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1 April 2003 Differential Effects of Natural and Environmental Estrogens on Endothelin Synthesis in Bovine Oviduct Cells
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Abstract

Endothelin-1 (ET-1), a vasoconstrictor and mitogenic peptide that plays an important role within the endocrine/reproductive system, is synthesized by oviduct cells and regulates tubal contractility. Because 17β-estradiol (estradiol) regulates oviduct function by influencing the synthesis of autocrine/paracrine factors, estradiol may also regulate ET-1 synthesis. Furthermore, environmental estrogens (EEs; phytoestrogens and xenoestrogens), which structurally resemble estradiol and possess estrogenic activity, may mimic the effects of estradiol on ET-1 synthesis and may influence the reproductive system. Using cultures of bovine oviduct cells (epithelial cells:fibroblasts, 1:1), we investigated and compared the modulatory effects of estradiol, phytoestrogens, and xenoestrogens on ET-1 synthesis and determined whether these effects were estrogen receptor (ER) mediated. A quantitative ELISA for ET-1 in the culture medium revealed that 17β-estradiol inhibits ET-1 synthesis in a concentration-dependent manner (4–400 nmol/L). In contrast to estradiol, ET-1 synthesis was induced in cell cultures treated with xenoestrogens in the following order of potency (0.1 μmol/L): 4-hydroxy-trichlorobiphenyl > 4-hydroxy-dichlorobiphenyl > trichlorobiphenyl. The stimulatory effects of xenoestrogens on ET-1 production were mimicked by the phytoestrogens biochanin-A and genistein but not by formononetin, equol, and daidzein. The oviduct cells expressed both ERs (α and β), but the modulatory effects of estradiol, but not EEs, on ET-1 synthesis were blocked by ICI-182 780 (1 μM), a pure ER antagonist. Our results provide evidence that estradiol inhibits ET-1 synthesis in oviduct cells via an ER-dependent mechanism, whereas, EEs induce ET-1 synthesis via an ER-independent mechanism. The contrasting effects of EEs on ET-1 synthesis suggests that EEs may act as endocrine modulators/disruptors and may have deleterious effects on the reproductive system by adversely influencing the biology and physiology of the oviduct.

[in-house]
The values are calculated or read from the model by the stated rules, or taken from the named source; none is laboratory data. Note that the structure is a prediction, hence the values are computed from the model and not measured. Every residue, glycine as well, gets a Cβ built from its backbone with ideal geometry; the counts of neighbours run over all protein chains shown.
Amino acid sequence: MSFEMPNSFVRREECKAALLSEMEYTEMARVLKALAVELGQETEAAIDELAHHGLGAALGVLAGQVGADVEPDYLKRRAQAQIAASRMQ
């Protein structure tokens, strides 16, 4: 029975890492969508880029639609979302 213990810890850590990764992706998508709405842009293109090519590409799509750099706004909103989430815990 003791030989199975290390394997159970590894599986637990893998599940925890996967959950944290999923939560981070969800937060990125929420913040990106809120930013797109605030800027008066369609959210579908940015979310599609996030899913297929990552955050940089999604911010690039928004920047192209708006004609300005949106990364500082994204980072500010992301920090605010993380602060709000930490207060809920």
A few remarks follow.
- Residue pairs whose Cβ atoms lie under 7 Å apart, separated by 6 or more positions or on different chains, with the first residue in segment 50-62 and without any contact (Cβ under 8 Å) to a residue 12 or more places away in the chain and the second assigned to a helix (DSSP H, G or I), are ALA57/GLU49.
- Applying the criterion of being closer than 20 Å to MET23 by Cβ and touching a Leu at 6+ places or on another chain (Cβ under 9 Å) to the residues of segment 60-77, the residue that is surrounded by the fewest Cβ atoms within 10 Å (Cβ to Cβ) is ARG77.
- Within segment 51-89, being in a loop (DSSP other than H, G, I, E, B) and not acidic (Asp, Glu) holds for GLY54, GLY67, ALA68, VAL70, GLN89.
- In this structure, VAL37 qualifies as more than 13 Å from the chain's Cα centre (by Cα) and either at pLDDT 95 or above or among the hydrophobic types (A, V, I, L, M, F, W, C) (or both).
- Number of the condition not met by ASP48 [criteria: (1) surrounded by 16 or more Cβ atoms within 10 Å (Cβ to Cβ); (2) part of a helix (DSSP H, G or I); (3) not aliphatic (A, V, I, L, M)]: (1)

Karin C. Reinhart, Raghvendra K. Dubey, Barbara Cometti, Paul J. Keller, and Marinella Rosselli "Differential Effects of Natural and Environmental Estrogens on Endothelin Synthesis in Bovine Oviduct Cells," Biology of Reproduction 68(4), 1430-1436, (1 April 2003). https://doi.org/10.1095/biolreprod.102.006569
Received: 17 April 2002; Accepted: 1 November 2002; Published: 1 April 2003
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